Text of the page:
Birth control pills can be obtained for as little as $15 a month, so the lawsuits, expense and outrage over who pays for contraception under the Affordable Care Act are simply outrageous.
The problem is that families, children and sex have increasingly become an intersection where politics and religion meet. In our divided culture, that’s a dangerous spot.
Tossing aside common sense in favor of polemics, individuals and groups on both sides of the issue appear determined to try to force the U.S. Supreme Court to wrestle with a response. The histrionics suggest yet another reason that a universal single-payer health care system would be a good idea.
Under that plan, no one would be required to try to negotiate the delicate balance of the rights of religious liberty with the rights of the individual.
President Barack Obama’s administration has been striving to satisfy the complaints of religious groups that don’t want to pay for employees’ birth control. At the same time, he is trying to protect the rights of women who work for such groups but don’t share their employers’ conscientious objections.
Under the original iteration of the administration’s plan, employers would have had to cover sterilization and the full range of contraceptive methods approved by the Food and Drug Administration, including emergency contraceptive pills that reduce the risk of pregnancy resulting from unprotected sex.
Some employers immediately contended that it was unreasonable for them to be forced to pay for contraception coverage to which they had religious and moral objections. So President Obama’s administration began clarifying coverage exemptions.
The administration has tried three times during the past 15 months to satisfy everyone on the issue.
The most recent effort was made Friday when the administration proposed a compromise that would expand the number of groups that do not have to pay directly for contraception.
Currently, only churches and other religious organizations would be exempt from the coverage requirement. The new proposal would expand the exemptions to include some religiously affiliated hospitals, universities and social service agencies. In such cases, health insurance companies would pick up the cost of contraception coverage without passing on the cost to client organizations.
That is a generous concession. Many of the affected employees do not share the faith of the organization for which they work; often their employers’ primary purpose is not to inculcate religious values.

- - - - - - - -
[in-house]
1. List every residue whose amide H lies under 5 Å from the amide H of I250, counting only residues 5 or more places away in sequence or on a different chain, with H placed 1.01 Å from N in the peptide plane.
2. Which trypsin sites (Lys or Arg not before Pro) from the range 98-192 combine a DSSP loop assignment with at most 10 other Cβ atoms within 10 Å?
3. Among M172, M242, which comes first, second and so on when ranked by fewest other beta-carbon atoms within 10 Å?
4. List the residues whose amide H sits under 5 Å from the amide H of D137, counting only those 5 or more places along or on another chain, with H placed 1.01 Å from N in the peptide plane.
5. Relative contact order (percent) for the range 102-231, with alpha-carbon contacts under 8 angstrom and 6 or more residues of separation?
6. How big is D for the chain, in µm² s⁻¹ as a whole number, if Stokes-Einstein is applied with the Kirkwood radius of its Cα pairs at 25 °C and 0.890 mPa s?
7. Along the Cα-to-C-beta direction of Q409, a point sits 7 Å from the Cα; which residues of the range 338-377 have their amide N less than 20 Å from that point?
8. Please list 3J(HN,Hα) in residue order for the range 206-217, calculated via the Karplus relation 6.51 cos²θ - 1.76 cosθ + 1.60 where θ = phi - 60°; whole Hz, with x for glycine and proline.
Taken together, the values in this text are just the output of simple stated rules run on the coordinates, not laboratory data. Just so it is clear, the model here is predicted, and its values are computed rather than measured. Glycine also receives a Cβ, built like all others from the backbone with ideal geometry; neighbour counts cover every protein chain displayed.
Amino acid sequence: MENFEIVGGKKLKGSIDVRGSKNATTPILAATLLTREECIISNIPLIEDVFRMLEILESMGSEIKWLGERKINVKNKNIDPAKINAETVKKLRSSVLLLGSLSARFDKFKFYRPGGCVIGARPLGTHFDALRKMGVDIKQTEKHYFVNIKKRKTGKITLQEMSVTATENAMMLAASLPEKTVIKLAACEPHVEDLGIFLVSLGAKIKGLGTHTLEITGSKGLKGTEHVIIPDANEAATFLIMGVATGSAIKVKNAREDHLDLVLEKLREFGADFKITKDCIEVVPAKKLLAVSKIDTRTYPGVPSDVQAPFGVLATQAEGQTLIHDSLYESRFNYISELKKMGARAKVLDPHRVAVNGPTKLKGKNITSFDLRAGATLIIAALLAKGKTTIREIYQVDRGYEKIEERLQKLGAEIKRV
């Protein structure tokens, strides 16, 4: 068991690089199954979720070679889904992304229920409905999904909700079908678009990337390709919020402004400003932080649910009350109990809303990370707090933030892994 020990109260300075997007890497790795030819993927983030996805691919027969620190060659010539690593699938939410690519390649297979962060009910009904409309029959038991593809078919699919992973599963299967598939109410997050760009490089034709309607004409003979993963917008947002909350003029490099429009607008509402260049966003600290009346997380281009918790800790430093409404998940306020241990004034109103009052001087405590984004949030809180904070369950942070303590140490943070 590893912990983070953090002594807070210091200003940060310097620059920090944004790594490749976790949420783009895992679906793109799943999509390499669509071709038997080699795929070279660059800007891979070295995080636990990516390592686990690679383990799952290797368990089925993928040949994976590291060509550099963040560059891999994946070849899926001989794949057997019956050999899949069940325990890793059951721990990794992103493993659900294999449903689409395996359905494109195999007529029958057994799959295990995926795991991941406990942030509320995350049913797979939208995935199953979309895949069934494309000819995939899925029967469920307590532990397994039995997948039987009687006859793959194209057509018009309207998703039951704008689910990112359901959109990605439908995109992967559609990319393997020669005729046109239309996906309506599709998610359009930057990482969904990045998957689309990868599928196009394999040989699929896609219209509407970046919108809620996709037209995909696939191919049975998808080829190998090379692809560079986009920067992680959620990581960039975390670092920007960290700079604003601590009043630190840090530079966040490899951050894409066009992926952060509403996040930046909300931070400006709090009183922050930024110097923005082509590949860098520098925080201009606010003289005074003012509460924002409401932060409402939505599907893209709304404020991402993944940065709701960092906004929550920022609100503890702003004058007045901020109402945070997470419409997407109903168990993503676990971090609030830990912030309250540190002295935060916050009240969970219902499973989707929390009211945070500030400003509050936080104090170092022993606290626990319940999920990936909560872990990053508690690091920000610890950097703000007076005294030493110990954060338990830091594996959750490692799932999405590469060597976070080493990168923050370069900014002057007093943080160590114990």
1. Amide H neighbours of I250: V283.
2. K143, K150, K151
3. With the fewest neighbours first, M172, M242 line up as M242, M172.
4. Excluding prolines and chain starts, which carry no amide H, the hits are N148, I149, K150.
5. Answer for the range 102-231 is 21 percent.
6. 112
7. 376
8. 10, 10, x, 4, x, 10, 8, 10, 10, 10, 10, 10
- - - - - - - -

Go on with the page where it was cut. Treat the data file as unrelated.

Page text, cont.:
But it’s still not enough for some religious groups, which are seeking an explicit exemption for faith organizations and secular businesses whose owners have religious objections to the contraception mandate.
The Pew Forum on Religion & Public Life says Roman Catholic organizations that oppose abortion and the use of artificial birth control have led the opposition, but that some Protestant and Jewish groups also have sued to stop the mandate.
Supporters of the mandate contend that a woman’s access to contraception should not be dependent on her employer, and that businesses and organizations have no right to impose their religious beliefs on their employees.
Another less-discussed issue is that occasionally, contraception is used for reasons other than birth control. Sometimes women are prescribed birth control pills to control conditions such as polycystic fibrosis and dysmenorrhea. In these cases contraception can be viewed more clearly as a women’s health issue than as pregnancy prevention — though we would argue that family planning is a fundamental women’s health concern.
Instead of spending obscene amounts of money to haggle over contraception coverage, why not just give each female employee of child-bearing age a $15-a-month raise? No questions asked. No religious liberties violated. She can spend it on pills. She can spend it on lunch.
The far less frequent need for more expensive procedures, such as a medically necessary sterilization, would remain covered by insurance.
Or else we could go to that single-player plan ...
Copyright St. Louis Post-Dispatch. Reprinted with permission.